Recently, I started an intensive yoga teacher training. Regarding my decision to change careers, I decided that yoga would be the beginning of this journey. I chose Kripalu because the focus is reconnecting with your body and spirit. It is a spiritual journey of sorts towards cultivating a healthier body, mind, and way of being. Rekindling one’s relationship with prana or the breath sets the stage, and from there a transformation is initiated as the body and mind begin to heal from anxieties, fears, and a separation from ourselves. Slowly, through the asanas, these emotions are replaced with confidence, a sense of strength, and reconnection. The heart opens and expands. The point of Kripalu is meditation in movement, awakening one’s life force, and cultivating peace within oneself. Over time, one’s practice on the mat can become one’s practice in daily life. As a person transforms themselves, the environment around them responds to this change and transforms as well. In Nichiren Buddhism, this is often called a human revolution. Many of the yoga sutras teach that when you are happy, it affects everyone in your environment. If you are angry or are having angry thoughts, that anger is generated out into your environment as well. In Nichiren Buddhism, a great deal of discussion surrounds the “mystic function of the mind.” Our attitude changes everything. This statement is used quite often. Kids hear it all the time in school, but it can be difficult to believe or put into practice especially when you are suffering or are facing serious obstacles in life. But the power of thought to alter reality must never be underestimated. If you believe you can, then you will. Regarding this topic, Nichiren said “This mind that is beyond comprehension constitutes the core teaching of the sutras and treatises. And one who is awake to and understands this mind is called a Thus Come One.” The Thus Come One refers to each individual’s inherent Buddha nature or one who has awakened to the powerful and mystical workings of the mind. There is a saying that at this moment in time “You are now all that you desire to be.” Our minds determine our future both individually and collectively as a society. Daisaku Ikeda devotes a chapter to this idea in My Dear Friends In America. In it he refers to Mahatma Gandhi who believed and once said that people became whoever they expected themselves to be. Daisaku writes: “The potential of the human brain remains an unknown. We do not know what powers it holds. But one thing is certain: The power of belief, the power of thought, will move reality in the direction of what we believe and how we conceive it. If you really believe you can do something, you can. That is a fact.” To give a simple example of how this can play out I will share with you a small thing that I experienced at the end of my first week of yoga teacher training. In the evening of that last day, I stopped by my friend’s house to say hello. I had not seen her in months and was excited to catch up. When I arrived the first thing she offered me was something to drink. I immediately responded that I would love a cup of tea. She then asked me, “Is mint okay?”. My first thought was that I really wanted ginger. I felt this strongly, but I didn’t want to be a picky guest, and I figured that if she had other selections she would have offered them. I said that mint would be lovely, and she pulled the box of mint tea out of the cabinet. The water soon came to a boil, and I heard the clanging of cups and the tearing of a small paper package. Within minutes, the cup of tea was set into my hands, warming my fingers, and I quickly took that first delicious sip. To my pleasant surprise, the taste of ginger delighted my taste buds. A little confused at first, I asked her what kind of tea she gave me. She replied mint of course. I responded that it couldn’t be. There was no mint in my cup of tea. Without a doubt, I was drinking ginger tea. She replied, “You know, now that I think about it, I think I had some random leftover tea selections from other boxes that I put in that box of mint to consolidate. I completely forgot about that. I must have accidentally opened one of those.” Some folks may say that this experience was plain old luck or just a mere coincidence. But for me, this was a wonderful confirmation of the power we hold and the mystical workings of the mind. Our thoughts, beliefs, and desires become our reality and lived experience.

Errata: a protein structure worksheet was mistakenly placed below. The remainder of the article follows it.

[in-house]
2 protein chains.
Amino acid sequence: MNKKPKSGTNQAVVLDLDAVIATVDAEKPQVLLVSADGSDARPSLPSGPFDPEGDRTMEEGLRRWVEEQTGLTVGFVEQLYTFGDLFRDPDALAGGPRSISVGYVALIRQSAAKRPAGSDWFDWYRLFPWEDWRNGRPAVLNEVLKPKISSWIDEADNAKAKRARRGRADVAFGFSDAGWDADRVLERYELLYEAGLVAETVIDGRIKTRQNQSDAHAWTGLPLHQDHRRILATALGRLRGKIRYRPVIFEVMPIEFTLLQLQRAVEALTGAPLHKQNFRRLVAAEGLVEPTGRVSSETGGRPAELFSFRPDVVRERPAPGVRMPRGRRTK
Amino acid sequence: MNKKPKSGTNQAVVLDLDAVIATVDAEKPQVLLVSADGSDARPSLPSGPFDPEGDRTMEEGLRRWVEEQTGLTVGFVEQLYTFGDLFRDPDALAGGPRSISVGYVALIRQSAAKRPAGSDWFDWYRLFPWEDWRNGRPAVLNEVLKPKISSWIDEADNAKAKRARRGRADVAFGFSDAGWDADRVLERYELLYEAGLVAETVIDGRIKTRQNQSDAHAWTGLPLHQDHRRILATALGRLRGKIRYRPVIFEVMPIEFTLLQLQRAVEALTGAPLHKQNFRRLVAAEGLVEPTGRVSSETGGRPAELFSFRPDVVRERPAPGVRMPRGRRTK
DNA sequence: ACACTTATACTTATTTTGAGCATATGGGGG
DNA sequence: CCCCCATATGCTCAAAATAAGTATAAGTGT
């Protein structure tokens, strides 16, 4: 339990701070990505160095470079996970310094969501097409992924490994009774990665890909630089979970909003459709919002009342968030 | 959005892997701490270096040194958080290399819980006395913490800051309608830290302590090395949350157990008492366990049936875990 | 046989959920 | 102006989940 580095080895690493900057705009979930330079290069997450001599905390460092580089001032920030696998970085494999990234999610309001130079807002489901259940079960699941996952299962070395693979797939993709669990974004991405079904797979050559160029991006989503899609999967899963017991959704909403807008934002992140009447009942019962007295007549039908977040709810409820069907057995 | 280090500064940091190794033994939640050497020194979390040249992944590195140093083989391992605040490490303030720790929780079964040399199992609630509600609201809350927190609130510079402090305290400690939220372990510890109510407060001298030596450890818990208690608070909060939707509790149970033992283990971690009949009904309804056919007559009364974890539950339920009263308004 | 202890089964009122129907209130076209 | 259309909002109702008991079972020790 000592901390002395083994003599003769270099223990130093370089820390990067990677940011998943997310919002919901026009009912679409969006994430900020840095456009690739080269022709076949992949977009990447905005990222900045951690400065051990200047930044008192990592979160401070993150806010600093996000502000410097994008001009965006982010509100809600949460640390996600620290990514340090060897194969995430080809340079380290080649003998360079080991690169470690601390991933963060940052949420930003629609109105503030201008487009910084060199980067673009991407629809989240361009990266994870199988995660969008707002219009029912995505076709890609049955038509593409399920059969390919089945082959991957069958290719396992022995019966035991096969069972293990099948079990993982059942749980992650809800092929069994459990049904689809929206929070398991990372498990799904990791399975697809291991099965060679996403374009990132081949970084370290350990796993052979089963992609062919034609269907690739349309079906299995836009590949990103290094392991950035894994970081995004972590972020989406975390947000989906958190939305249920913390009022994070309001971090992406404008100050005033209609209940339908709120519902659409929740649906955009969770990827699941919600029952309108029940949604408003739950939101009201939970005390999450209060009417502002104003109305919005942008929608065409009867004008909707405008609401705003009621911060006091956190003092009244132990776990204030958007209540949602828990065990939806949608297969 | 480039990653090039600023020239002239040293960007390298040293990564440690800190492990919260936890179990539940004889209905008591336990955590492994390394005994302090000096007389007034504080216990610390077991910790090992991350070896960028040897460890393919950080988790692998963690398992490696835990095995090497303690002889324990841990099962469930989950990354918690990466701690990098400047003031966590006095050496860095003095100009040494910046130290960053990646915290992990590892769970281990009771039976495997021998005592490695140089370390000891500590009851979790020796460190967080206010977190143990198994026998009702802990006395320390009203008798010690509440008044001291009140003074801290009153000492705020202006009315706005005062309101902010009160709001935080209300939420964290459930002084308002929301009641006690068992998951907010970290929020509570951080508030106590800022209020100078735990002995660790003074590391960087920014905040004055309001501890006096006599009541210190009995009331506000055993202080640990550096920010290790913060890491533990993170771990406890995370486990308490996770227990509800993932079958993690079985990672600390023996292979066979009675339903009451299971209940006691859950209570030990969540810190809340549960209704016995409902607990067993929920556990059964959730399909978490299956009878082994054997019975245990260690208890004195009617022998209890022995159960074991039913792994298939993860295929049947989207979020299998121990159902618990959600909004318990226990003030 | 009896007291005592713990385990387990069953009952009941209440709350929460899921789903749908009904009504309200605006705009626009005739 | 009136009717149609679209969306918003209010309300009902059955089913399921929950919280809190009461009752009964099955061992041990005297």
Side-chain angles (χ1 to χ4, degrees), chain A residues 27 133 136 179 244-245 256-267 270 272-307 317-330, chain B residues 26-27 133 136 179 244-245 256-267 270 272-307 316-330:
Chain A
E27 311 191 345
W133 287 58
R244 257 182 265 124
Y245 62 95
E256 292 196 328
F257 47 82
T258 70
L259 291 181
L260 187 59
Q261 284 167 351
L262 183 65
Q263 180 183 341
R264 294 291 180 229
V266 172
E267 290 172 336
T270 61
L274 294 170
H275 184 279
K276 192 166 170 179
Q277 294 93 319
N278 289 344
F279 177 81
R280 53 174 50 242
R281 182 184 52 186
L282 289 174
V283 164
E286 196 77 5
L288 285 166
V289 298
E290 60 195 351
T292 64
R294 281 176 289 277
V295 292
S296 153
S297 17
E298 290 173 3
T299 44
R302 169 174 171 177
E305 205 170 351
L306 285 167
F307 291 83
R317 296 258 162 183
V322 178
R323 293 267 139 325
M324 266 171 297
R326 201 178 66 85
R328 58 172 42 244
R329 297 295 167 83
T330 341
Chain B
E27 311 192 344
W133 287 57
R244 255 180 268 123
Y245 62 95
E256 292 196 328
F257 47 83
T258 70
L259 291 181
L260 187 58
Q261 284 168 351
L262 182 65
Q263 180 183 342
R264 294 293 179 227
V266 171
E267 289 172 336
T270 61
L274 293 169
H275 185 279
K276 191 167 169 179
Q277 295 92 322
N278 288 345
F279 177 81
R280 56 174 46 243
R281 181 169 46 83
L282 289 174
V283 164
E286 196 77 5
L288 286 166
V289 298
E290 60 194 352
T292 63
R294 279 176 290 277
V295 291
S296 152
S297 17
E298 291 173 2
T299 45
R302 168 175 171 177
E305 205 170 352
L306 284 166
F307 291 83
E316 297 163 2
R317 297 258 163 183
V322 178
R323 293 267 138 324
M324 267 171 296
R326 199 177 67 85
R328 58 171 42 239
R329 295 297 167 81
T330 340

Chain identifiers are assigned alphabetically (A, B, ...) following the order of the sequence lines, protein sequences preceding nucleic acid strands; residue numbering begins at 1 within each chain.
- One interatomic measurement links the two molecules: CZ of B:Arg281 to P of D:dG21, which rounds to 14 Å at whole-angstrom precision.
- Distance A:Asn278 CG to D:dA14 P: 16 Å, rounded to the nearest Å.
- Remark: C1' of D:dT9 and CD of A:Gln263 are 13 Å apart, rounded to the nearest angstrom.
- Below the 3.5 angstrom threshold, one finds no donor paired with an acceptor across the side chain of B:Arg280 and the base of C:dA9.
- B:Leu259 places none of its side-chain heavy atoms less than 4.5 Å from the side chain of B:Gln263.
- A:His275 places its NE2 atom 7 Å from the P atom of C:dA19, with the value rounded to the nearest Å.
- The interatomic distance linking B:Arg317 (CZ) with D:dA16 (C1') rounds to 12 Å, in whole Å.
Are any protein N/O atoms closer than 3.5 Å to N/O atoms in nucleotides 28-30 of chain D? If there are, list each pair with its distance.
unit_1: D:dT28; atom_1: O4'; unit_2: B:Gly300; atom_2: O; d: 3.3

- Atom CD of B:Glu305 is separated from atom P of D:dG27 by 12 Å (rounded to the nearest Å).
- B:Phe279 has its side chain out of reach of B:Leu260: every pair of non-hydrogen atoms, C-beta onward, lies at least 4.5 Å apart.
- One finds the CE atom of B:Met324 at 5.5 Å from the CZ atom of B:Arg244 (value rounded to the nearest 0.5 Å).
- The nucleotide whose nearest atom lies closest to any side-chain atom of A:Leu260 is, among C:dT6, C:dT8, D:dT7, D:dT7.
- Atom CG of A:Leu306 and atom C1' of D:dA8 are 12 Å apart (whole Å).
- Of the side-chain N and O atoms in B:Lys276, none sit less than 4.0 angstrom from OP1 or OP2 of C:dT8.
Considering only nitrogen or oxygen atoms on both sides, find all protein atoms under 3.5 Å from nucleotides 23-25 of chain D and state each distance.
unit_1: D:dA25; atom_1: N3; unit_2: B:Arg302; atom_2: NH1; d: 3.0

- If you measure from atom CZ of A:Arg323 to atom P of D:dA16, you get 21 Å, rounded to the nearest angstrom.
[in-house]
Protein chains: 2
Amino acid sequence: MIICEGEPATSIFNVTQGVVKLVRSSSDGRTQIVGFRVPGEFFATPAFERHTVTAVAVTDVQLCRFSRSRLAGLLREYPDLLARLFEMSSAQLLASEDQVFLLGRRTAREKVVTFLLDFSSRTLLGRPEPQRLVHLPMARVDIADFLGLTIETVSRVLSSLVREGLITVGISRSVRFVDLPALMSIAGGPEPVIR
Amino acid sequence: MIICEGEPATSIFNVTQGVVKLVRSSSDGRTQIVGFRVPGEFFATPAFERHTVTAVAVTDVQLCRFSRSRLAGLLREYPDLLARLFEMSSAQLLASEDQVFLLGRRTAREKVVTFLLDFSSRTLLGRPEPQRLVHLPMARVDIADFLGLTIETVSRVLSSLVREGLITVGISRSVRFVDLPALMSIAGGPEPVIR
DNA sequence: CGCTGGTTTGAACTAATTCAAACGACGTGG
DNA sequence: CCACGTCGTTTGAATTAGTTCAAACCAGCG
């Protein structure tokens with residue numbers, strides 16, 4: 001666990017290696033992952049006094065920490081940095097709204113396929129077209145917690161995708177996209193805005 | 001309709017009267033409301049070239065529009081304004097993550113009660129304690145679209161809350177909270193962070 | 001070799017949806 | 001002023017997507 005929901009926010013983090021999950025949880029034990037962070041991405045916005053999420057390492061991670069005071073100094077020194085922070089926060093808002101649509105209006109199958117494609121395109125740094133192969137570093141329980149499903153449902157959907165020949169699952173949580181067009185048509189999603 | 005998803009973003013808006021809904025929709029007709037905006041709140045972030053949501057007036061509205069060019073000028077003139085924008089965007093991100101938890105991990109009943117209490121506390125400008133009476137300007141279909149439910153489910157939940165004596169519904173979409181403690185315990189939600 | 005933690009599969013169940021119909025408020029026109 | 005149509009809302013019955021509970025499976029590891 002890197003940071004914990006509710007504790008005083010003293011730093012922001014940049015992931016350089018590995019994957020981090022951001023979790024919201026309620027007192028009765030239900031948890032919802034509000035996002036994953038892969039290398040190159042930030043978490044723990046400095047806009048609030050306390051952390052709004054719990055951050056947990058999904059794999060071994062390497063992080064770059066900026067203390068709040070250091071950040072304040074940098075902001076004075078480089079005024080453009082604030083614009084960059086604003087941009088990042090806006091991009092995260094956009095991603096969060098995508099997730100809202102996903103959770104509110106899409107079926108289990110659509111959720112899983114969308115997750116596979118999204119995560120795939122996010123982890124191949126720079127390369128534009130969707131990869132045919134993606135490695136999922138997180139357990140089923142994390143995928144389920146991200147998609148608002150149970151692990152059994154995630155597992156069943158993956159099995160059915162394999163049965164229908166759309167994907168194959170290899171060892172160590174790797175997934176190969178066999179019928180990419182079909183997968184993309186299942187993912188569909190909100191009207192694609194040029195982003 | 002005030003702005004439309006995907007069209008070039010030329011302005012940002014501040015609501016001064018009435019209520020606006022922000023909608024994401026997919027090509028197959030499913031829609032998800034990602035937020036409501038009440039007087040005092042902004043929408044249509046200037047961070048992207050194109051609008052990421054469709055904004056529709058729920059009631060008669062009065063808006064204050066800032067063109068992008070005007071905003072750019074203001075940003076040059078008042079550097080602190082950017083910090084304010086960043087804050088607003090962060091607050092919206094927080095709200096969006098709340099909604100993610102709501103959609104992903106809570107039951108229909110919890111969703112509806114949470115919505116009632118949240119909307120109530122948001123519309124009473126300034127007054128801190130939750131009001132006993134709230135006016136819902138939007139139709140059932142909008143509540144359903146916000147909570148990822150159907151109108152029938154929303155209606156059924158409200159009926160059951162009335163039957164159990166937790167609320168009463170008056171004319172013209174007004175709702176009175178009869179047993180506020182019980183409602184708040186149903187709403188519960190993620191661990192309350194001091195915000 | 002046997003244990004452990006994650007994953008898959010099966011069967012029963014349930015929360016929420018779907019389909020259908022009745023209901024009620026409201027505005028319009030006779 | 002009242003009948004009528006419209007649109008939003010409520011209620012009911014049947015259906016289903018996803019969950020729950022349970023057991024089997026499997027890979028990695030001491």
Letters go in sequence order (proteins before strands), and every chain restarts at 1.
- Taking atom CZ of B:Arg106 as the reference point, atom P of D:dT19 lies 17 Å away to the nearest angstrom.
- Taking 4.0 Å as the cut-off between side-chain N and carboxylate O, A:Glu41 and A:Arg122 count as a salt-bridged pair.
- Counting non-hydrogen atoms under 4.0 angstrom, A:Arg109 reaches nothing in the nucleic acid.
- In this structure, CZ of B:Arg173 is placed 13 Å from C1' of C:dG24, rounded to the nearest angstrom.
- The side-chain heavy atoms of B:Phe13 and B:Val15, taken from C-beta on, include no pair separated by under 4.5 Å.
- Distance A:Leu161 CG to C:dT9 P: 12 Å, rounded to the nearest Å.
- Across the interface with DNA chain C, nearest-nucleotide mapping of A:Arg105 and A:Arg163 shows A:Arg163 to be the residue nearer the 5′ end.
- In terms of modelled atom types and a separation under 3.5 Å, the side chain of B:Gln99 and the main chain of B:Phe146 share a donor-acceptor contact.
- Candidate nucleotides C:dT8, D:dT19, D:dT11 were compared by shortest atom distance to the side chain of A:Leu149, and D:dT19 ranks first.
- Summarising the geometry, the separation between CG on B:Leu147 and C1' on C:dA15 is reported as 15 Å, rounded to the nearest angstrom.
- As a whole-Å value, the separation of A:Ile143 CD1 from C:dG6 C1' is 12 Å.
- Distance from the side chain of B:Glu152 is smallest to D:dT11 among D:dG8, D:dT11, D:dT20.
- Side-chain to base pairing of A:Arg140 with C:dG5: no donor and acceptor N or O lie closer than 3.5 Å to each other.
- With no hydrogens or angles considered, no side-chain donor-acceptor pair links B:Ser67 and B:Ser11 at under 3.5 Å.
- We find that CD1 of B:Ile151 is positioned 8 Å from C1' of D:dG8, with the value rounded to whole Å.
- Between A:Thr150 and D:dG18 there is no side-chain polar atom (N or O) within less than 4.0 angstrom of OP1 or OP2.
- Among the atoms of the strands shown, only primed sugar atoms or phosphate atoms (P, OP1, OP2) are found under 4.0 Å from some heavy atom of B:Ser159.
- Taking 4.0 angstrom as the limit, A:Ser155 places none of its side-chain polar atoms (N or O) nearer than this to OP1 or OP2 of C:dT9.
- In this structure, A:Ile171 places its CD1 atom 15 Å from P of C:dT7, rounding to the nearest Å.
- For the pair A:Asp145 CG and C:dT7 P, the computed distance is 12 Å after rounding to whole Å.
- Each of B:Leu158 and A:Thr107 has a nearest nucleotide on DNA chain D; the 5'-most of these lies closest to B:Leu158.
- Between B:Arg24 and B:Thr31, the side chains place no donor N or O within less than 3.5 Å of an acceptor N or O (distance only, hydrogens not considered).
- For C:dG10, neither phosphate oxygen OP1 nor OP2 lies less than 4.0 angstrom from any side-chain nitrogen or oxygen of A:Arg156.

At the end of the first day of my yoga training, I wrote in my journal: “I know peace is possible. I know deep relaxation is possible. I know these things because I just experienced them both.”
If what you seek is peace from the negativity in life, try out a Kripalu yoga class or tap into the Nam-myoho-renge-kyo in your life. I highly recommend a good dose of both. Take some time to reconnect with the mind. Be a witness to it. Check the patterns and quality of the thoughts that come and go. Change the script, and create the life you want to live. The power is within you and anything is possible.